Aboriginal children at residential schools often buried in unmarked graves, report reveals

Aboriginal children attending residential schools died at a higher rate than school-aged children in the general population, and were often buried in unmarked graves, according to the final report from the Truth and Reconciliation Commission.

See Full Article

The commission released its final report Tuesday afternoon, marking the culmination of six years of research and interviews with more than 6,000 residential school survivors and their families.

It is estimated that more than 150,000 First Nations, Inuit and Metis children were separated from their families and forced into residential schools over much of the last century.

The final report contains an entire volume dedicated to the children who died or went missing while attending residential schools. It also sheds light on the poor practices used at the schools to record the deaths, bury the dead, and inform the students' families.

It found that the government never established health and safety standards at its residential schools, and failed to enforce what minimal standards it had in place.

This failure was due to the government's "determination" to keep residential school costs low, the report said. It also resulted in "unnecessarily high death rates" at residential schools.

The commission found the following:

  • 3,200 students died while attending residential schools from 1867 to 2000.
  • For 32 per cent of these deaths, the government and the schools did not record the name of the students who died.
  • For 49 per cent of these deaths, the government and the residential schools did not record the cause of death.
  • For 23 per cent of these deaths, the gender of the student was not recorded.
  • The majority of deaths took place before 1940. Prior to 1940, there were 1,150 deaths for which no name was provided. After 1940, there are 44 death reports that do not provide the student's name.
  • Many residential schools did not send the students’ bodies back to their home communities after they died. Instead, many were buried in cemeteries that have since been abandoned and are "vulnerable to accidental disturbance."

The report noted that many aboriginal families have "unanswered questions" about what happened to their children or relatives who were forced to attend residential schools.

"The tragedy of the loss of children was compounded by the fact that burial places were distant or even unknown," the report said.

Conditions at schools

The report also contained descriptions from survivors of the living conditions at the residential schools.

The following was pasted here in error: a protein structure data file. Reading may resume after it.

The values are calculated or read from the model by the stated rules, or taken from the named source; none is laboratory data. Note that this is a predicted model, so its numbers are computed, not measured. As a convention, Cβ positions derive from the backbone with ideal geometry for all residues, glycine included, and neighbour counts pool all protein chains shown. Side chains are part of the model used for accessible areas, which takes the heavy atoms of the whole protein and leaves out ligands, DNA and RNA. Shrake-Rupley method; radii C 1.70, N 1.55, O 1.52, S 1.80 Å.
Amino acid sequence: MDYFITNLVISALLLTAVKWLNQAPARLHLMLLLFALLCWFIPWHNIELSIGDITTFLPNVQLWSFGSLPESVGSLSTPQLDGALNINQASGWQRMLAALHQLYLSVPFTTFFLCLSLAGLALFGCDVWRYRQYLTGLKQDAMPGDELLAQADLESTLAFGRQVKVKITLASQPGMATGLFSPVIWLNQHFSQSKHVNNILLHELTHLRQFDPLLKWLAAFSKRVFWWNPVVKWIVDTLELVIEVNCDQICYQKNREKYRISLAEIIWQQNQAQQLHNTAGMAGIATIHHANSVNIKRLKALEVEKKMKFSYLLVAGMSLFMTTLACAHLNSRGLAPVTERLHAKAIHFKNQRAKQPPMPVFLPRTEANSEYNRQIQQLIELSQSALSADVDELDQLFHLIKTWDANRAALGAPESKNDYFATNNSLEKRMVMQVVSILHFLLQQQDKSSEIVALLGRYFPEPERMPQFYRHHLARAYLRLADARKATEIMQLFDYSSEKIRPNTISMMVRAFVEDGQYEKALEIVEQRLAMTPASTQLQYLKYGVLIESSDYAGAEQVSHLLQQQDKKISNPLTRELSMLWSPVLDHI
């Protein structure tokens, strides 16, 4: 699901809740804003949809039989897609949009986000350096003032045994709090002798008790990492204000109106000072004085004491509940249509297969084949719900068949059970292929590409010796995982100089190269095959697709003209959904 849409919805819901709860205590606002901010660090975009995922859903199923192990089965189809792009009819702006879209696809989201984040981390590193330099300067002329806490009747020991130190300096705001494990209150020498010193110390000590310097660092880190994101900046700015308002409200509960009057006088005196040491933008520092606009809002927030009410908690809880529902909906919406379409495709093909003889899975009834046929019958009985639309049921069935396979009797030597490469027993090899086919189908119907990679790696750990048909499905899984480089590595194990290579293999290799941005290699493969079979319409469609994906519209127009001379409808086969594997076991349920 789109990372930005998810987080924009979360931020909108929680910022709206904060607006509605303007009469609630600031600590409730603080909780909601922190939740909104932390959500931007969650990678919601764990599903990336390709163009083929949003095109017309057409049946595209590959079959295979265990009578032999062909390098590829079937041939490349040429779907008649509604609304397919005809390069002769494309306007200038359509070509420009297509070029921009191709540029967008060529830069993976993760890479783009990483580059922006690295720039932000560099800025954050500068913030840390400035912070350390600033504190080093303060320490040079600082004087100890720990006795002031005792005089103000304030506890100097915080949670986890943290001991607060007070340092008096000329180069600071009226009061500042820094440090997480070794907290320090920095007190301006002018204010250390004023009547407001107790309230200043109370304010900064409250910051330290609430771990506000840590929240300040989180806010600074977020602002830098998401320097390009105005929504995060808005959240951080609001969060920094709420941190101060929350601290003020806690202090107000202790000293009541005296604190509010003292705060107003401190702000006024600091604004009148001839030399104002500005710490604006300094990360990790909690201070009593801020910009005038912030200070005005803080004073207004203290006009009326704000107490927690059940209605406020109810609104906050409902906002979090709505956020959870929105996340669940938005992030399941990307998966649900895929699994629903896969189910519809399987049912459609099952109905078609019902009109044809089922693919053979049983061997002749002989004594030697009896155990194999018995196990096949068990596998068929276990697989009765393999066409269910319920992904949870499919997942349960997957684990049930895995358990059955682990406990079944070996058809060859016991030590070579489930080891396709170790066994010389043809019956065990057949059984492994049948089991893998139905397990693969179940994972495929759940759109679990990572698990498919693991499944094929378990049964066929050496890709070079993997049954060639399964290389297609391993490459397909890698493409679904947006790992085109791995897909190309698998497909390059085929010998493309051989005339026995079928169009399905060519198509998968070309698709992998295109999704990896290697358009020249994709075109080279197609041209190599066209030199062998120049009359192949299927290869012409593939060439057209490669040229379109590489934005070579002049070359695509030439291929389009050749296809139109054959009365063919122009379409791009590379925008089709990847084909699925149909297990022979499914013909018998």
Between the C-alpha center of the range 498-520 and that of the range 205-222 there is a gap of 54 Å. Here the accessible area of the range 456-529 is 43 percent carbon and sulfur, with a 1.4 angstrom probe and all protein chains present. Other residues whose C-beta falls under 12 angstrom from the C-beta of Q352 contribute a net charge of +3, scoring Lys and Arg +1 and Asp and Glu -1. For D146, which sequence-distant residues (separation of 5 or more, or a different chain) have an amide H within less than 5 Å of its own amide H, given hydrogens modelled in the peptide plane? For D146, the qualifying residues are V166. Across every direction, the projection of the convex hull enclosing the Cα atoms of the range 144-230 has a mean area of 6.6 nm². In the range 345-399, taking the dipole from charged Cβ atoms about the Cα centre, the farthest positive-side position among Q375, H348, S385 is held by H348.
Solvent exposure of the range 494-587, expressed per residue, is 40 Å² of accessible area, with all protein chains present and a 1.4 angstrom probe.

According to survivors' accounts, diseases such as tuberculosis rampaged student populations, and poor medical care was provided.

Accidental deaths were common, and the report includes accounts of children dying in boating and plane accidents.

The report also noted that the poorly maintained school buildings often became fire traps. According to the report, 19 boys died in a single fire in Beauval, Sask., in 1927.

"The high death toll was partially attributable to inadequate fire escapes," the report said.

Many students also died or disappeared after attempting to run away from the residential schools, the report said.

In one account, four boys ran away from a school in Fort Albany, Ont. in 1941. The boys were presumed drowned and their bodies were never recovered, the report said.

Abandoned cemeteries

Many of the cemeteries where the students were buried have since been abandoned, the report said.

In one case, a school cemetery in Battleford, Sask., became neglected after the school closed in 1914. At the time, the school's principal warned the government that 70 to 80 individuals were buried at the cemetery, most of them students.

"He worried that unless the government took steps to care for the cemetery, it would be overrun by stray cattle," the report said.

The report highlighted a case in 2001, when water erosion of the banks of Alberta's Bow Highwood River exposed the remains of at least 34 bodies of former residential school students. The bodies were eventually exhumed and reburied in aboriginal and Christian ceremonies, the report said.

These tragic examples point to the fact that many students who went to residential schools never returned to their homes, the report said.